Logo Design Love

For graphic designers and all who love logos.

Putting on a show

Saul Bass with Mark Kramer in 1966

“I often think that presentations are more difficult than the work itself. A presentation has to share just enough of the process so that someone who has not been a participant can understand the ‘inevitability’ of the solution, and that the solution is the culmination of a rigorous and systematic investigation of all reasonable possibilities.

“When you present work to a client it is important to have a point of view. The tricky part is to provide several good solutions to a problem and then not allow the client to choose other than the best one.

“It’s surprising how hard that can be sometimes.”
— SAUL BASS

Quoted from Saul Bass: A Life in Film & Design (2011, Laurence King).

Saul Bass in a meeting, mid 1960s

From the archives:
This is what you need — a magic dot.
The cost of a Saul Bass logo

Logo Design Love: A Guide to Creating Iconic Brand Identities, second edition

6 appreciated comments

  1. Totally agree! I would say that the presentation is definitely and by far the most difficult part of a career in design in general.

  2. You have to be able to give the client the courage to choose the best one. A client/non-designer will naturally gravitate toward the one that looks more like the logos (s)he has seen in the world at large. This is BY FAR the hardest part of logo design work.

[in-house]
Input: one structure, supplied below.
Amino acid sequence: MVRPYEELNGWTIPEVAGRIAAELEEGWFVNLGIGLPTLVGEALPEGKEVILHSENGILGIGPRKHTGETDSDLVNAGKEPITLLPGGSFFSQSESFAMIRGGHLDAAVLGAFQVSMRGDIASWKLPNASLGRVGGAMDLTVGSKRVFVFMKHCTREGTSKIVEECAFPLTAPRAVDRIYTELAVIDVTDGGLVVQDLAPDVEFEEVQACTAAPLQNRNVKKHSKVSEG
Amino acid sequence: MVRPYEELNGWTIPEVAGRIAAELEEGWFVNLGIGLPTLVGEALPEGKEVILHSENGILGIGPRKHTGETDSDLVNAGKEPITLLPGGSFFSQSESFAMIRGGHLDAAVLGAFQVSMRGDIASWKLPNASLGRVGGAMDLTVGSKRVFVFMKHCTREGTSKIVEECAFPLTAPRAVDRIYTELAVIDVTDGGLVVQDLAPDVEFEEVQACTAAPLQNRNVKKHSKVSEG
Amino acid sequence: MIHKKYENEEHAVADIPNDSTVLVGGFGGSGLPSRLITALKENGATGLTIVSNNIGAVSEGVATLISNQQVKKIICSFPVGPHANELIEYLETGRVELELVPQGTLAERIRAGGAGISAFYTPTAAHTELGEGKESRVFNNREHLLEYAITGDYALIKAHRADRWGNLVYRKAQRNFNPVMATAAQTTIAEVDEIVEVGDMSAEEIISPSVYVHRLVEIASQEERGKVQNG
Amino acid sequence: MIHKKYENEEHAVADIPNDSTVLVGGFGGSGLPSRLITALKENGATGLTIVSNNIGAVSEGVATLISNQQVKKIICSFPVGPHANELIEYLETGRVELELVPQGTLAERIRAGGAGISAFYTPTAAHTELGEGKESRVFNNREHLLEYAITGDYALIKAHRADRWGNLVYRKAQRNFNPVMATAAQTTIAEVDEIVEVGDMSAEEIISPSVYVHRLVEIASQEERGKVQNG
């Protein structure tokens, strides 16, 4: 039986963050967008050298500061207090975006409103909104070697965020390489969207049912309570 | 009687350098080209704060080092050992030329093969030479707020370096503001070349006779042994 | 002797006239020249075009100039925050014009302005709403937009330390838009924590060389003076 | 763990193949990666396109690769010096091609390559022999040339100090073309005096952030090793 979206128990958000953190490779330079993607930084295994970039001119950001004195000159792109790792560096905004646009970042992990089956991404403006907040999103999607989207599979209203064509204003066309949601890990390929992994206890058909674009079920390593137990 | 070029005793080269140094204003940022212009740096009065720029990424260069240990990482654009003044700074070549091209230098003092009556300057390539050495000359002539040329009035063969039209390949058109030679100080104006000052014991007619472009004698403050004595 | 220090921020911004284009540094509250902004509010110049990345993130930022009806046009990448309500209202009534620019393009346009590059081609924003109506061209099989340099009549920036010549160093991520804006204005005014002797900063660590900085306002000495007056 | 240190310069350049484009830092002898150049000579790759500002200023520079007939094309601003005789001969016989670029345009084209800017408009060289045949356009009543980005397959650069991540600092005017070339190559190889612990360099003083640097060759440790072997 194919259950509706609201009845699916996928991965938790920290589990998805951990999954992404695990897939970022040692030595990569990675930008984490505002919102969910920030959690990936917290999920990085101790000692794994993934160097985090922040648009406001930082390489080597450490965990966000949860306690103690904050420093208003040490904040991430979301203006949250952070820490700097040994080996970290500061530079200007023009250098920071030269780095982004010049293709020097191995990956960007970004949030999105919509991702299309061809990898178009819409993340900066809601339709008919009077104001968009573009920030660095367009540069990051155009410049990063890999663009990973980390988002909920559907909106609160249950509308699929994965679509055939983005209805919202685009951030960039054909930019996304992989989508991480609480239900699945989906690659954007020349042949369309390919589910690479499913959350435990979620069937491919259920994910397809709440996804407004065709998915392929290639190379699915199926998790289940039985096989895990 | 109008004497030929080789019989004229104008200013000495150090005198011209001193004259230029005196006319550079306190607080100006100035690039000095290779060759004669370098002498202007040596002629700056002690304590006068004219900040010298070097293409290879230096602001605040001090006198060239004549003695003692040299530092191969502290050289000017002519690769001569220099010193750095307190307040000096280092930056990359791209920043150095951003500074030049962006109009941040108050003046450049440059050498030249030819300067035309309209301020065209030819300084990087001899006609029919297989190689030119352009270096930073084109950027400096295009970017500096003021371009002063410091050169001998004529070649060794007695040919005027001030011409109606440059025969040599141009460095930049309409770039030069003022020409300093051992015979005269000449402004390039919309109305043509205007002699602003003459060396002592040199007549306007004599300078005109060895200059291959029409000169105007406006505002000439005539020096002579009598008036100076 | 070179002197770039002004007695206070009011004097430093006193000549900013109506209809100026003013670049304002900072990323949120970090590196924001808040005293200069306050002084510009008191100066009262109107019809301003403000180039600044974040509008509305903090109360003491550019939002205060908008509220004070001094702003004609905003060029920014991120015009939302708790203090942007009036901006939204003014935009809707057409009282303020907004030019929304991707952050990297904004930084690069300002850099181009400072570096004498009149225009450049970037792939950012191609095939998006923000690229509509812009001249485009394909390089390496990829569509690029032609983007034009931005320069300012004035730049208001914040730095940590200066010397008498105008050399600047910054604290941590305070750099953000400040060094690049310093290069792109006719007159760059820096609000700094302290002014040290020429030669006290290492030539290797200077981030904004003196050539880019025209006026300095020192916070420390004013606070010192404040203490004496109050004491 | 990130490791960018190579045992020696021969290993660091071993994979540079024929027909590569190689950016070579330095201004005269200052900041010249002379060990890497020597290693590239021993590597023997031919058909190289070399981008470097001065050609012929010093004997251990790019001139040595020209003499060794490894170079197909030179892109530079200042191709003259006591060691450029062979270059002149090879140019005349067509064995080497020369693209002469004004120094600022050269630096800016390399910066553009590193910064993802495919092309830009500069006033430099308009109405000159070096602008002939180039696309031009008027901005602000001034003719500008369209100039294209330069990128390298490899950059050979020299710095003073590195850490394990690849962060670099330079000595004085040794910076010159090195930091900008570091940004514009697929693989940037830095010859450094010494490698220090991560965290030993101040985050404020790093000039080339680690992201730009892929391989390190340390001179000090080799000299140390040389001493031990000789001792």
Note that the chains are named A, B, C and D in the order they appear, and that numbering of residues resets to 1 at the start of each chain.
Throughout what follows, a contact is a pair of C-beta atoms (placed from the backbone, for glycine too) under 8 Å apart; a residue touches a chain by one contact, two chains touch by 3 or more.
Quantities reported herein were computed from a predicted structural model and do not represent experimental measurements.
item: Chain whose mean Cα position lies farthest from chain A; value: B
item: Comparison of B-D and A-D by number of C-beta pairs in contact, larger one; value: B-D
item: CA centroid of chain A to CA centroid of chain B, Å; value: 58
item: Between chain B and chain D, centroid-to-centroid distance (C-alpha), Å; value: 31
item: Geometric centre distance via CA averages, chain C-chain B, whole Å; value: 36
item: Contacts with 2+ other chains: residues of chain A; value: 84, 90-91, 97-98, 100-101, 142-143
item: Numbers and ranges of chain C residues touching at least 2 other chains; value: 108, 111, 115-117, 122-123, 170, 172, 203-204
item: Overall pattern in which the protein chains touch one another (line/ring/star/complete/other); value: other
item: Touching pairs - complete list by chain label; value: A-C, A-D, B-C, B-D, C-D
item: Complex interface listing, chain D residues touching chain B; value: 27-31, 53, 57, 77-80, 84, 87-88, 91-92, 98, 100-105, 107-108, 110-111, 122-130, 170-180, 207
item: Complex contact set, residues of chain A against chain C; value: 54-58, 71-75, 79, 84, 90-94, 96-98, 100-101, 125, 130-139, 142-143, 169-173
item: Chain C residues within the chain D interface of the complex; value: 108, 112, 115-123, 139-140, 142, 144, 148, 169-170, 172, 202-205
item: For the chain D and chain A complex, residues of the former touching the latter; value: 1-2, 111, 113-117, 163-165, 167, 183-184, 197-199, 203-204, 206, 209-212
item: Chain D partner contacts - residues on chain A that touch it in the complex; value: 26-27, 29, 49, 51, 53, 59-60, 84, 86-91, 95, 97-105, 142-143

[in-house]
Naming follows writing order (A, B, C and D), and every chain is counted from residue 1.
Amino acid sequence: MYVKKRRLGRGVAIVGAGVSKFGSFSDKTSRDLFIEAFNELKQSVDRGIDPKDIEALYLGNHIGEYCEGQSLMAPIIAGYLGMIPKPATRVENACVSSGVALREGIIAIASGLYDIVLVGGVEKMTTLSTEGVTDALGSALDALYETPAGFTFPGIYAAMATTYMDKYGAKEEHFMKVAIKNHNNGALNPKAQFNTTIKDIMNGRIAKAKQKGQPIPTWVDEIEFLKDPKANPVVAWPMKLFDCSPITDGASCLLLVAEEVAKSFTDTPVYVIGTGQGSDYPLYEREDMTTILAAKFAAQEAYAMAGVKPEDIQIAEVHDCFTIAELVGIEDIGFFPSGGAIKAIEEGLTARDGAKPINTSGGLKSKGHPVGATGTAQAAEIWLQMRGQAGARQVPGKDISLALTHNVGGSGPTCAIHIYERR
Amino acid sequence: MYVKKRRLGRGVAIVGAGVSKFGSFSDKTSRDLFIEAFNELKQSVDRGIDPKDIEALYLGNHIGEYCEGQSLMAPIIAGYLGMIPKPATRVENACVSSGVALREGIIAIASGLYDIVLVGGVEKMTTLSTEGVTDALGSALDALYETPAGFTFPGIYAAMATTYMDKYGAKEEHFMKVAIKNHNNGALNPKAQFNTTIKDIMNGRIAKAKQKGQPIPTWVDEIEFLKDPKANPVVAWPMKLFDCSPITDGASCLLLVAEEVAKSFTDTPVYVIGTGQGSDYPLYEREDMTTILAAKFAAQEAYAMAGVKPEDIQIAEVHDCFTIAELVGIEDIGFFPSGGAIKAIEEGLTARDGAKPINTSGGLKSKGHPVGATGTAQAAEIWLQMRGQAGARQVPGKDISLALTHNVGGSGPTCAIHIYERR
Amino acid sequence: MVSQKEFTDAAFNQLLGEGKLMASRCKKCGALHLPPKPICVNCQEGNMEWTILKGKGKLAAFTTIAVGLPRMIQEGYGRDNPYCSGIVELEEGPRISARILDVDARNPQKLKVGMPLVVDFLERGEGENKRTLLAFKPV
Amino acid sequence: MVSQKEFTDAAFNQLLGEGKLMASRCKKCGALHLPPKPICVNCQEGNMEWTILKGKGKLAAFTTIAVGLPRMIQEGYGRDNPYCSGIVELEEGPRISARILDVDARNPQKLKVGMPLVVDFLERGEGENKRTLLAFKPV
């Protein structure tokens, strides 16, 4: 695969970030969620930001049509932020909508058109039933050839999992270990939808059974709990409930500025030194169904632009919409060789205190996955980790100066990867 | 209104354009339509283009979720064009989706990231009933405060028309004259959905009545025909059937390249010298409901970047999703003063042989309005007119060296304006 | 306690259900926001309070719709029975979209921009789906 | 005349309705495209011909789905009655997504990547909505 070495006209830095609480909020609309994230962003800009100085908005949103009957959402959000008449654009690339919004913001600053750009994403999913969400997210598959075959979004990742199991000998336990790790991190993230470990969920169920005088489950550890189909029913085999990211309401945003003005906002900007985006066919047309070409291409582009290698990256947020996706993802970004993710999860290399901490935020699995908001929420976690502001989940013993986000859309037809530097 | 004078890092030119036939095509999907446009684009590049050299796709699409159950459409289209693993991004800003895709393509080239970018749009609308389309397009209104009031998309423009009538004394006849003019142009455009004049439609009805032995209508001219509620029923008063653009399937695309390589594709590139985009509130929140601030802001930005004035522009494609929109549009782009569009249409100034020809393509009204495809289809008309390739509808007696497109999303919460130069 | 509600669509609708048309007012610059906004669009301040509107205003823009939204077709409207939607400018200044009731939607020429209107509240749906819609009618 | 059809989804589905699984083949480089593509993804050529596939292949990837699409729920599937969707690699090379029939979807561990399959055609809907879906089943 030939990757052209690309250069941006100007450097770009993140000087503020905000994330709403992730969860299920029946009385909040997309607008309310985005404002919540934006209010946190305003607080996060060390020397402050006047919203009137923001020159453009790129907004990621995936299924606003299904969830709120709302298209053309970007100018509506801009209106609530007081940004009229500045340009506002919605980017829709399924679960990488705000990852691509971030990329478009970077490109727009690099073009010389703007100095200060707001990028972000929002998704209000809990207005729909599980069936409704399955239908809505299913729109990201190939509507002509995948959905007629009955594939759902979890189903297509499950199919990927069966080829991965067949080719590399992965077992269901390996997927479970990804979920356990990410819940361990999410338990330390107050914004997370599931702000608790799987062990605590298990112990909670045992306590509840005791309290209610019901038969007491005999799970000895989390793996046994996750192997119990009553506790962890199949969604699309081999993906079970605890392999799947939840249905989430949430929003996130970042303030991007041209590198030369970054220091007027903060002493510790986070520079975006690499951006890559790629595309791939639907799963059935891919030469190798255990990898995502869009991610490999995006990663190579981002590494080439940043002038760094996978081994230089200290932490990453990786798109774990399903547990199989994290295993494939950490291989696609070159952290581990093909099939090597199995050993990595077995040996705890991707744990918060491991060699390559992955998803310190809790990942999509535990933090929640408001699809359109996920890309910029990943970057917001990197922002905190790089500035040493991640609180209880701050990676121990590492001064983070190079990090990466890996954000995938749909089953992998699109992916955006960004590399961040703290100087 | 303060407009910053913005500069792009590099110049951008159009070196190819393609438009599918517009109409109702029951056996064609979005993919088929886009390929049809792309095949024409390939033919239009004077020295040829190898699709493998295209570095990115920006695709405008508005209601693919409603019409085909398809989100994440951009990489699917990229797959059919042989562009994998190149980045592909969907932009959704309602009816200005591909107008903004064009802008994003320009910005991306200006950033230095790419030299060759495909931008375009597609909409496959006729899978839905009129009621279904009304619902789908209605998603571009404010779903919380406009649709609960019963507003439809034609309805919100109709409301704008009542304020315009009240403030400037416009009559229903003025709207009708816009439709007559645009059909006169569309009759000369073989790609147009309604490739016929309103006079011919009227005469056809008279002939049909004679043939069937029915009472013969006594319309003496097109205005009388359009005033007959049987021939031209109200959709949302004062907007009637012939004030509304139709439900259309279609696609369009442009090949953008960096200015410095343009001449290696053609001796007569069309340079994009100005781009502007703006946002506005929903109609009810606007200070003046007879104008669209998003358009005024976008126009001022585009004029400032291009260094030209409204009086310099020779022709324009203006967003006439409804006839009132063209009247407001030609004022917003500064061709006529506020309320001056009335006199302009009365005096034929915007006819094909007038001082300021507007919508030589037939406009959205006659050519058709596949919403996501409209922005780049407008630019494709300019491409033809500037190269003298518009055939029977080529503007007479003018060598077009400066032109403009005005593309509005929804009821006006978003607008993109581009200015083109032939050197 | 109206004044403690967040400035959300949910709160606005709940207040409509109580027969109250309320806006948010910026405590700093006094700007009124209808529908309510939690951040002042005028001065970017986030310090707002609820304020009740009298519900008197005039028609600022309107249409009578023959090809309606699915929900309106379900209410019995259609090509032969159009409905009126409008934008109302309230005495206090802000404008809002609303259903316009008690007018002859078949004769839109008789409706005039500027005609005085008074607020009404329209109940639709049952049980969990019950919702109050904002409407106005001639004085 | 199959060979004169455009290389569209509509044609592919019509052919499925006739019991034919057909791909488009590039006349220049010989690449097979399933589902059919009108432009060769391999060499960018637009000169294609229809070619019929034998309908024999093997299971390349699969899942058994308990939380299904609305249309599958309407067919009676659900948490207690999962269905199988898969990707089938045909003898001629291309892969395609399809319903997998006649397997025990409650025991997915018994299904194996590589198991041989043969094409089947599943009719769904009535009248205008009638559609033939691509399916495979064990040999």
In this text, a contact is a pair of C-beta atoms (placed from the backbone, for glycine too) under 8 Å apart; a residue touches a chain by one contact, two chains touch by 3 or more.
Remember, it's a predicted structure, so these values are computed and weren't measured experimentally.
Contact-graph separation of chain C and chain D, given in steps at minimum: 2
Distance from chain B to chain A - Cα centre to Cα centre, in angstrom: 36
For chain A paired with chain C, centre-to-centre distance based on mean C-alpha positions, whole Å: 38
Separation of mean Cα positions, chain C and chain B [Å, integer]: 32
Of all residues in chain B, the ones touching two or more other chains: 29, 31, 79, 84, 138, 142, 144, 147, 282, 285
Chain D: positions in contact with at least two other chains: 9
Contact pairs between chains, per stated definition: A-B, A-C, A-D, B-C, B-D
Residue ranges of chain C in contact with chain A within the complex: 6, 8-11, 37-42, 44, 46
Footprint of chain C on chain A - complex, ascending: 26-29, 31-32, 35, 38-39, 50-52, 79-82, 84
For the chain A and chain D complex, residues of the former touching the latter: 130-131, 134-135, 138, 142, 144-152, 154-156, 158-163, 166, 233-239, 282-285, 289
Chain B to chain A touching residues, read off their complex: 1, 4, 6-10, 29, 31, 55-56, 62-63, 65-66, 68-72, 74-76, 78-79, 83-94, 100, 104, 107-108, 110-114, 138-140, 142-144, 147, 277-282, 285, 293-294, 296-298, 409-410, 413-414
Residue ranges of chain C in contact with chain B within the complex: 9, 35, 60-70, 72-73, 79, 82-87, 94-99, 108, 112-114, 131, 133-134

3. Arnaud

    Or, in three words: the “avoiding the average” strategy, and how to create a momentum that your client will recognize – and sign for it.

    Thanks for this relevant quote!

  4. “… someone who has not been a participant” stood out to me.

    I think that was the old-school thought of coming to a presentation meeting with a surprise solution. Modern thought would include the client at every step so that presentation meeting is less of a surprise and more of the logical meeting of established ideas.

    I would agree that presentations are challenging. But they shouldn’t be that scary if all the preceding conversations built to the solution you are showing.

  5. Brian Williams

    @John–you’ve nailed it. If good analysis and design generate something unexpectedly elegant this tends to scare middle managers. They know the unexpected dies in committee or during review by someone who hasn’t invested much in understanding the domain/problem/solution/whatever. It’s hard for someone who didn’t participate in the hard work of the creative process to “get it” sometimes. This is particularly true if they are one of the many who believe the designer is an artist who creates from thin air. Courage/commitment to something that really hits (or even almost hits) the mark can make all of the difference in the world and it is SO hard to come by.

  6. Yes, we have to put on a presentation of sorts not only when we are selling our designs, but also often when we are selling ourselves to the client initially when being considered for a job/project. It’s a learning process for sure. Thanks for the read David.


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